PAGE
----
Having recently just celebrated South Africa’s National Heritage Day, Joburg Tourism recognises some the city’s most prided heritage sites and places of interest showcasing South Africa’s vast cultural diversity and history. While the list is far too long to detail all of our favourite historical sites, to follow, see a few places of interest, cultural diversity and history that may not yet have featured on your itinerary list of things to do in Joburg.
Credo Mutwa Cultural Village
With its home in the heart of Soweto, the Credo Mutwa Cultural Village is an outdoor museum and art exhibit featuring the iconic works of artist and traditional healer Credo Mutwa. Made up of his private collection of creations dating back to the period of 1974 to 1986 this significant place of heritage and history offers visitors an authentic African art experience reflecting true to life traditional African culture, folklore and what some consider predictions of times to come.
The Oppenheimer Tower
Towering above the Credo Mutwa artworks, a historical site embedded amidst indigenous plants many of which boast medicinal and African healing properties, the Oppenheimer Tower overlooks the surrounding parks and was erected using repurposed bricks of the houses demolished during forced relocations in the Apartheid era. Named after the De Beers mining mogul Ernest Oppenheimer, the tower stands steadfast and tall in honour of the significant role that Oppenheimer played in relocating displaced South Africans of colour amidst the country’s most abysmal duress.
The Kliptown Open Air Museum
Illuminating the drafting of the South African Freedom Charter, the Kliptown Open Air Museum honours the late Walter Sisulu centred in Freedom Square Soweto. Included in the exhibit are artefacts of people of influence that witnessed the signing of the freedom charter, lyrics to songs sung and testimonies of those present. Welcoming citizens of every colour and creed from all four corners of the country, Kliptown was the location of choice during the signing of the charter, characterised as a multi-racial freehold between Soweto and Johannesburg. Today a moving monument echoing times of change, the Kliptown Open Air Museum is a not to be missed local Joburg experience.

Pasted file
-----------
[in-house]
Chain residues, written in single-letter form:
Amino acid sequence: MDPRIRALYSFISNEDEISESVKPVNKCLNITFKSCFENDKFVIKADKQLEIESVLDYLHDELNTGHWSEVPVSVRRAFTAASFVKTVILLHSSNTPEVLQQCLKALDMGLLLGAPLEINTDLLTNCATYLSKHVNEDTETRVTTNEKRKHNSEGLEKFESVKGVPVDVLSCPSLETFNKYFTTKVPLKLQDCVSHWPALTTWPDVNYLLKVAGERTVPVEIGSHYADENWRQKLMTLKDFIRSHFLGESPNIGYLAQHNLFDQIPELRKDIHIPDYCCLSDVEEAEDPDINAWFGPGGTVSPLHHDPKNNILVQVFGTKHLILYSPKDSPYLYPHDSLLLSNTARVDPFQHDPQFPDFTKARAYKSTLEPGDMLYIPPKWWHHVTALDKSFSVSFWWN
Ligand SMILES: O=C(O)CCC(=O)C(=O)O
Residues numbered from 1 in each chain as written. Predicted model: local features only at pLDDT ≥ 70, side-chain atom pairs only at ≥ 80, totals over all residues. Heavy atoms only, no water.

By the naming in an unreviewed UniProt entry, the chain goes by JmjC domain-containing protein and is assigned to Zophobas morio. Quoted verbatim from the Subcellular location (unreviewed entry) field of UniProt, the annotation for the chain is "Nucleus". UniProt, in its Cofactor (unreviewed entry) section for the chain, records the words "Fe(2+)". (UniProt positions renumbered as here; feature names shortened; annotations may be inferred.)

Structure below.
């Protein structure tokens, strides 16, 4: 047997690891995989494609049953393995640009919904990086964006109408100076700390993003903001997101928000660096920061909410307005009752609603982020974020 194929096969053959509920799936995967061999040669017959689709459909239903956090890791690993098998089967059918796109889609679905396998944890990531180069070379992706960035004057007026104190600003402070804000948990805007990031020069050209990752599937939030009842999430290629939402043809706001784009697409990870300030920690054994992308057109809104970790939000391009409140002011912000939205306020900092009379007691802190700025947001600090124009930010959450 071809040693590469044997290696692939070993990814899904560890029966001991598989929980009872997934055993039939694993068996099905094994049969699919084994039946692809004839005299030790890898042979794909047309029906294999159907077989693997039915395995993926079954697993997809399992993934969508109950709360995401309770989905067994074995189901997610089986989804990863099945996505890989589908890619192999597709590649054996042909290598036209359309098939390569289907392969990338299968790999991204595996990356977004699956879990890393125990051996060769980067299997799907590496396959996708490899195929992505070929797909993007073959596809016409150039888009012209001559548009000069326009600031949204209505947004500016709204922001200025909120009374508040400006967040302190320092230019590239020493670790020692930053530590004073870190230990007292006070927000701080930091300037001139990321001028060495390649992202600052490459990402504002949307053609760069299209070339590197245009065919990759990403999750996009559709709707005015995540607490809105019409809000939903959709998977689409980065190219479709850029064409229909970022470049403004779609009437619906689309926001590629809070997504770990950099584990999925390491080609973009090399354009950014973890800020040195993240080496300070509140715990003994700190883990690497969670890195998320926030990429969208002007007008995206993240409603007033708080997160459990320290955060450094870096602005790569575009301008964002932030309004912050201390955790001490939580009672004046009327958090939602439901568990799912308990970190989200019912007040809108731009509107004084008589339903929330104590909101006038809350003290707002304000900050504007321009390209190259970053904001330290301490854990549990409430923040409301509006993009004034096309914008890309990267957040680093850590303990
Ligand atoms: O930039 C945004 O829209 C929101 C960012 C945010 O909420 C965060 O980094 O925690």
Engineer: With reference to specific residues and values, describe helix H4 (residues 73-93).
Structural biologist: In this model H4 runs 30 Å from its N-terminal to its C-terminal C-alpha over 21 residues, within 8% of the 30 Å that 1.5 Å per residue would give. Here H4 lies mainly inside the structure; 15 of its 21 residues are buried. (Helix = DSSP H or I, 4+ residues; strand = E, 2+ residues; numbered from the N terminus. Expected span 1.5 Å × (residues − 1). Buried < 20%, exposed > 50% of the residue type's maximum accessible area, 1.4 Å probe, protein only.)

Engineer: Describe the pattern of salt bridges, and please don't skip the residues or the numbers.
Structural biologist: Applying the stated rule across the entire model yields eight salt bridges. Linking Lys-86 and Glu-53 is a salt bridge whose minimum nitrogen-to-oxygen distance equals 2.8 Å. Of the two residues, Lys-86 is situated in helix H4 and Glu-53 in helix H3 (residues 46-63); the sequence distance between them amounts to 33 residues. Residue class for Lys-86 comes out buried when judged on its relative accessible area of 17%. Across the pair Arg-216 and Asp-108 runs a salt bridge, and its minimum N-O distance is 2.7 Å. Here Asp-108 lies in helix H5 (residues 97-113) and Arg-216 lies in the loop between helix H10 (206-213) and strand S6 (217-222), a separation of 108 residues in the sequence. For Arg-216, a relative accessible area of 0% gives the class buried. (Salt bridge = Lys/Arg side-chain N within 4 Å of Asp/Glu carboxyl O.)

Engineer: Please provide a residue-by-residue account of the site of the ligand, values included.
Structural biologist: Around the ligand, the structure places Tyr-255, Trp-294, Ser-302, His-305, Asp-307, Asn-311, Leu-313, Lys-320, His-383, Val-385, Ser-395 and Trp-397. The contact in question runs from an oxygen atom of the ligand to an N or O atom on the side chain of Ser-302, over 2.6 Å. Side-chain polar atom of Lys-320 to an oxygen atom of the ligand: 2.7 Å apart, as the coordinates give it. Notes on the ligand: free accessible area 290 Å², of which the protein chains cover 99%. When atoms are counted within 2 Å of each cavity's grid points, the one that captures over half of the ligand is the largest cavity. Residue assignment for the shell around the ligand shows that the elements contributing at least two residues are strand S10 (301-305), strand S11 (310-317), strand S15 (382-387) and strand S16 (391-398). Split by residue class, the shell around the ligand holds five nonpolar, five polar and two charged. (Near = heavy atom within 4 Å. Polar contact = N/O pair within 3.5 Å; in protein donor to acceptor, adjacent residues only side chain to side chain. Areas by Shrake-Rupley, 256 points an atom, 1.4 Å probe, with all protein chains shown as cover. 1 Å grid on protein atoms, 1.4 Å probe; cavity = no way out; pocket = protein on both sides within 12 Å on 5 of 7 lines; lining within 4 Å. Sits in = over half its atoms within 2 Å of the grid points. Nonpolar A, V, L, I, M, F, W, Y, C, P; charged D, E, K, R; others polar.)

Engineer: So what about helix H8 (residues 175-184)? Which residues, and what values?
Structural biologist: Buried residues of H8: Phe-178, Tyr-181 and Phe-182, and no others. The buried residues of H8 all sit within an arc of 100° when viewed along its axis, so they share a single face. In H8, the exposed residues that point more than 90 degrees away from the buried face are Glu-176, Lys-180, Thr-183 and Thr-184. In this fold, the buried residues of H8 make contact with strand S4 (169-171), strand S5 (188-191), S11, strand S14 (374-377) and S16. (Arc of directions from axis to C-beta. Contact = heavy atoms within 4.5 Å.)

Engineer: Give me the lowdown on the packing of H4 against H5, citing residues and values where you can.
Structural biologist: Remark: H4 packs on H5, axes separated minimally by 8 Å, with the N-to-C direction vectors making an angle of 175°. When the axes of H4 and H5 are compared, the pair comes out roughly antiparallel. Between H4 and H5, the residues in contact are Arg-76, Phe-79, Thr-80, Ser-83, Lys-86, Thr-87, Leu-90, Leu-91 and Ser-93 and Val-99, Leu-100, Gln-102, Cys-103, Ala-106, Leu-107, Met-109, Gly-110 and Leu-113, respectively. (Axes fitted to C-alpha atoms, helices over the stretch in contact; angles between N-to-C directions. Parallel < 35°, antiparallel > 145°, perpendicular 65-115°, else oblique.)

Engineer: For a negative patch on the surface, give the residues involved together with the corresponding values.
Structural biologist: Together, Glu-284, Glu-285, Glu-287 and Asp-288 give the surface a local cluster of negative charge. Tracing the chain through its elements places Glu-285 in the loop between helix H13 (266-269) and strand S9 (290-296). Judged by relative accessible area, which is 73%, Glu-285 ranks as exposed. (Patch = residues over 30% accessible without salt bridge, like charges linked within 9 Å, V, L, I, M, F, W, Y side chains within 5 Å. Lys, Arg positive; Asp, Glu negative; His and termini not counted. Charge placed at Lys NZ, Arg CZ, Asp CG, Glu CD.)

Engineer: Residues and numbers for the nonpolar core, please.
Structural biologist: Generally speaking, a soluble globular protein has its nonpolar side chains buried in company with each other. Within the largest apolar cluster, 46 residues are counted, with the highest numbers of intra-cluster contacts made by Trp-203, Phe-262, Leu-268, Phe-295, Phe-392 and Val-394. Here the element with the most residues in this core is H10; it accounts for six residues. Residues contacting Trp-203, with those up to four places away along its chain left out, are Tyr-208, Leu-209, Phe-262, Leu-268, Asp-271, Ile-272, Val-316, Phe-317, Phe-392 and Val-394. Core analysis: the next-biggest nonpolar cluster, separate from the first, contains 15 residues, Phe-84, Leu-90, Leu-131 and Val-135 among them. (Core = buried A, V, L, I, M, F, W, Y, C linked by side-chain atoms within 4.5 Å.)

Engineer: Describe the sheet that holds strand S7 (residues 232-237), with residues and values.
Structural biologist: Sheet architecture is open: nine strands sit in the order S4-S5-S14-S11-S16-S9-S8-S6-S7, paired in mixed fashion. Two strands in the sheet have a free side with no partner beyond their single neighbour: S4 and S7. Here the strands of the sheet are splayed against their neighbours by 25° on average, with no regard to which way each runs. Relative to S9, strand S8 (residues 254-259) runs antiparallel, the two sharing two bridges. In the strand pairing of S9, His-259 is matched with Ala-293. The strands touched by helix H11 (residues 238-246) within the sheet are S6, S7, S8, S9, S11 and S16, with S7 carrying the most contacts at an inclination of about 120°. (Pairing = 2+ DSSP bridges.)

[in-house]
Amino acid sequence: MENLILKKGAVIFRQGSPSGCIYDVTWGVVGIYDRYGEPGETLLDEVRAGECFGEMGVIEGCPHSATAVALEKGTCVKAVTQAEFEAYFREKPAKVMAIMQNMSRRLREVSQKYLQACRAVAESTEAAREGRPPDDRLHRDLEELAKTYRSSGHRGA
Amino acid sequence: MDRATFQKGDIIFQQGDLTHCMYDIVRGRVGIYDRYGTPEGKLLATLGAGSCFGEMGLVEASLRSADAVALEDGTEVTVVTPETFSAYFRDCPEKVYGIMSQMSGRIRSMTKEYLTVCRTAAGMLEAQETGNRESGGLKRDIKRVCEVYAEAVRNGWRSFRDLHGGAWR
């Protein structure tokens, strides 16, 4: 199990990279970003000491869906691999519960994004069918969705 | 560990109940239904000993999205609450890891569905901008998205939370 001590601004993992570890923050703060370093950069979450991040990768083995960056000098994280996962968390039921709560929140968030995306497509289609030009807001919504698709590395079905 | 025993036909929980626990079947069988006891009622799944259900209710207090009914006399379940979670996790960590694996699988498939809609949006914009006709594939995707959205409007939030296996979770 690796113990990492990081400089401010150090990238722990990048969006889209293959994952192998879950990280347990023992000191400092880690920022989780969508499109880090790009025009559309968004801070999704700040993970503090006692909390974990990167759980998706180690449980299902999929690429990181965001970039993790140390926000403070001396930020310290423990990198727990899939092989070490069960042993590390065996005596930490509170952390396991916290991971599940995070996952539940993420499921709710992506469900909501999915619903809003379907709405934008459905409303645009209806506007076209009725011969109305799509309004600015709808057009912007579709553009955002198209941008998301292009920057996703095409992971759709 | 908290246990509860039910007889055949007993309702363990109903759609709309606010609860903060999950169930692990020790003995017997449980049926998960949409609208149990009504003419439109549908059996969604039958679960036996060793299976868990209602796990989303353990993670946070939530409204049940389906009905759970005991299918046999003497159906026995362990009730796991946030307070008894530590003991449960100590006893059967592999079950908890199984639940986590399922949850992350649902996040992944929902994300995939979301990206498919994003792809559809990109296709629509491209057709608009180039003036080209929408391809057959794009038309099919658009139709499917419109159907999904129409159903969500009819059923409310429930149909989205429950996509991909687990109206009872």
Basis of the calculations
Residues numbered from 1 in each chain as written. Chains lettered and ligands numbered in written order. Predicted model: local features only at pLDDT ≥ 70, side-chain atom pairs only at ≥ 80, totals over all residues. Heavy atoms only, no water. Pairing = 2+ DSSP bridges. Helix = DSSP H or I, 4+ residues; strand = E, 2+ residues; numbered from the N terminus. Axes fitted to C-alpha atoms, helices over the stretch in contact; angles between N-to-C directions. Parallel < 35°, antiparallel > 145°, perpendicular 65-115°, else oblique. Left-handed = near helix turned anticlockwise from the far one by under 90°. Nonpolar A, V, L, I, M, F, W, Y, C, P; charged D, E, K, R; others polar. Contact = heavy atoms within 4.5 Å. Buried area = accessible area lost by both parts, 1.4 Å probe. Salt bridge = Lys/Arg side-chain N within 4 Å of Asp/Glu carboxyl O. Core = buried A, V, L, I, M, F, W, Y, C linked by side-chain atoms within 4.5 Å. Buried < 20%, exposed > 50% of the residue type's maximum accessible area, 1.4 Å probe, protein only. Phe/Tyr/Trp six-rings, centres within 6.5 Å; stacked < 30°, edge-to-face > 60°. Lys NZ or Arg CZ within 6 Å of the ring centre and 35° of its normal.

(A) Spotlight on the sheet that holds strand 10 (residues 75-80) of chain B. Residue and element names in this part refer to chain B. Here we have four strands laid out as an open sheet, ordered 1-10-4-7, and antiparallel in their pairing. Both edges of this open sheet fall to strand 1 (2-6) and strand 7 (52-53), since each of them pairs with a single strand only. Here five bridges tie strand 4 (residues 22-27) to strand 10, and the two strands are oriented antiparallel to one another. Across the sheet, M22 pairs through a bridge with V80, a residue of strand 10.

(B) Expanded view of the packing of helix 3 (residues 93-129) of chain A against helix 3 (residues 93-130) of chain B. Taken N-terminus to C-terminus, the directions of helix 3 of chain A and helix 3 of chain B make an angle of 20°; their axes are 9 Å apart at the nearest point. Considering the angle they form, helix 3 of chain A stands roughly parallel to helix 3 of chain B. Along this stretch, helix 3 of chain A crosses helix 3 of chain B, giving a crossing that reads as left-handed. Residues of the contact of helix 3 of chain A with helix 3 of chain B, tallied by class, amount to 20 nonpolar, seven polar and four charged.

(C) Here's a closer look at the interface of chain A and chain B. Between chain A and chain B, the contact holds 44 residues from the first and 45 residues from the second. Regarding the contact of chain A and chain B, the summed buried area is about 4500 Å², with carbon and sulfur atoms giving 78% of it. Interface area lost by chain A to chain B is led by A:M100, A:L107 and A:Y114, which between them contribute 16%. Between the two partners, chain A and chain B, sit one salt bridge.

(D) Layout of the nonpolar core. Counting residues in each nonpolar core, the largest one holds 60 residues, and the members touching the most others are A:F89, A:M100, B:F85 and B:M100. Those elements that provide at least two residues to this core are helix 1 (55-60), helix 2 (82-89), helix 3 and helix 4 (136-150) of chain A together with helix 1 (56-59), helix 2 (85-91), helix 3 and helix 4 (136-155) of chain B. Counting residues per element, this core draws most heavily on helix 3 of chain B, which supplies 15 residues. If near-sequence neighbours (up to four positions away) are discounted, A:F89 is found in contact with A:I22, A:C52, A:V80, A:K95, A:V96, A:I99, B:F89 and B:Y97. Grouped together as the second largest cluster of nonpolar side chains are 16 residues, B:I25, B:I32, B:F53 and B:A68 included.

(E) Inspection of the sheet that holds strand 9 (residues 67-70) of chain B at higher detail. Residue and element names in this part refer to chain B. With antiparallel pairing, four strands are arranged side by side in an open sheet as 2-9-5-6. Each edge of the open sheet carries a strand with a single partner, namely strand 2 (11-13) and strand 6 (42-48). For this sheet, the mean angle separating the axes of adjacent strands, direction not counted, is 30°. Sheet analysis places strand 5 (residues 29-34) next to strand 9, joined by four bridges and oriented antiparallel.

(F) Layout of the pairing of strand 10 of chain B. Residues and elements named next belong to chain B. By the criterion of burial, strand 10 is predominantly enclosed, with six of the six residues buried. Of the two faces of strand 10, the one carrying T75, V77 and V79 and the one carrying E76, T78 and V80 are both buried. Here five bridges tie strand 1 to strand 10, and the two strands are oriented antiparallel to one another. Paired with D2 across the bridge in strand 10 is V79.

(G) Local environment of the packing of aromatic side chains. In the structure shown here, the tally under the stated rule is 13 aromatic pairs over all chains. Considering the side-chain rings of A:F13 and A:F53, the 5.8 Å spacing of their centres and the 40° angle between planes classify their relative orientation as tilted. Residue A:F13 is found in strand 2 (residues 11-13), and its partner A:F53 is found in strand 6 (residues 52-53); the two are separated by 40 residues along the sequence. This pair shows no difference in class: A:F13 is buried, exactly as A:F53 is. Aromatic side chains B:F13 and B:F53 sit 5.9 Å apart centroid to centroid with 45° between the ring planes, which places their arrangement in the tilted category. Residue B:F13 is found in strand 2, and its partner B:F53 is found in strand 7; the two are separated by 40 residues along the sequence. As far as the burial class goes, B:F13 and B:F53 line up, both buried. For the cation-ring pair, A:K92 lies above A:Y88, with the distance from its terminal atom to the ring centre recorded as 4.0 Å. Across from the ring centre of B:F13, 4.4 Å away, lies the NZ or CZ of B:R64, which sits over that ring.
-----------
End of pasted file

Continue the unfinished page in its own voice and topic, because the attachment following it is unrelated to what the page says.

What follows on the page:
The Workers’ Museum
Forming part of the Newtown Heritage Trail, the Newtown Compound is one of the last surviving municipal compounds called home to migrant workers who worked for the City’s Sanitary Department and the nearby power station during the South African apartheid era. Leaving women and children behind in faraway rural surrounds, the male workers resided under extreme conditions subject to slave-like treatment in the racially discriminate compounds. Today the site stands as an agonizing reminder of the unjust and inhumane migrant labour system.
Sophiatown – The Mix
Comprising of a church, an orphanage and the old age home of Dr Alfred Bitini (AB) Xuma, Sophiatown – The Mix is today a community centre and museum made up of the few remaining buildings following the forcible removal of residents of colour, all of their worldly possessions and the bulldozing of their homes. Paying homage to the old Sophiatown and its 1955 residents, organisers host guided walks through the neighbourhood as well as monthly Sophiatown Jazz Encounter concerts celebrating some of the towns’ original residents including Miriam Makeba and Hugh Masekela.
With a number of other things to do in Joburg, places of great history and local significance don’t miss the opportunity to visit more well-known locations of heritage in the City of Joburg, including:
- The Hector Pieterson Museum
- Mandela House Museum
- The Apartheid Museum
- Museum Africa
- Liliesleaf Farm
- Vilakazi Street
- Constitution Hill
- Regina Mundi
- Maboneng, Arts on Main and 1 Fox Precinct
- The Johannesburg Holocaust & Genocide Centre
- Soweto, Tembisa, Fordsburg and Alexandra Townships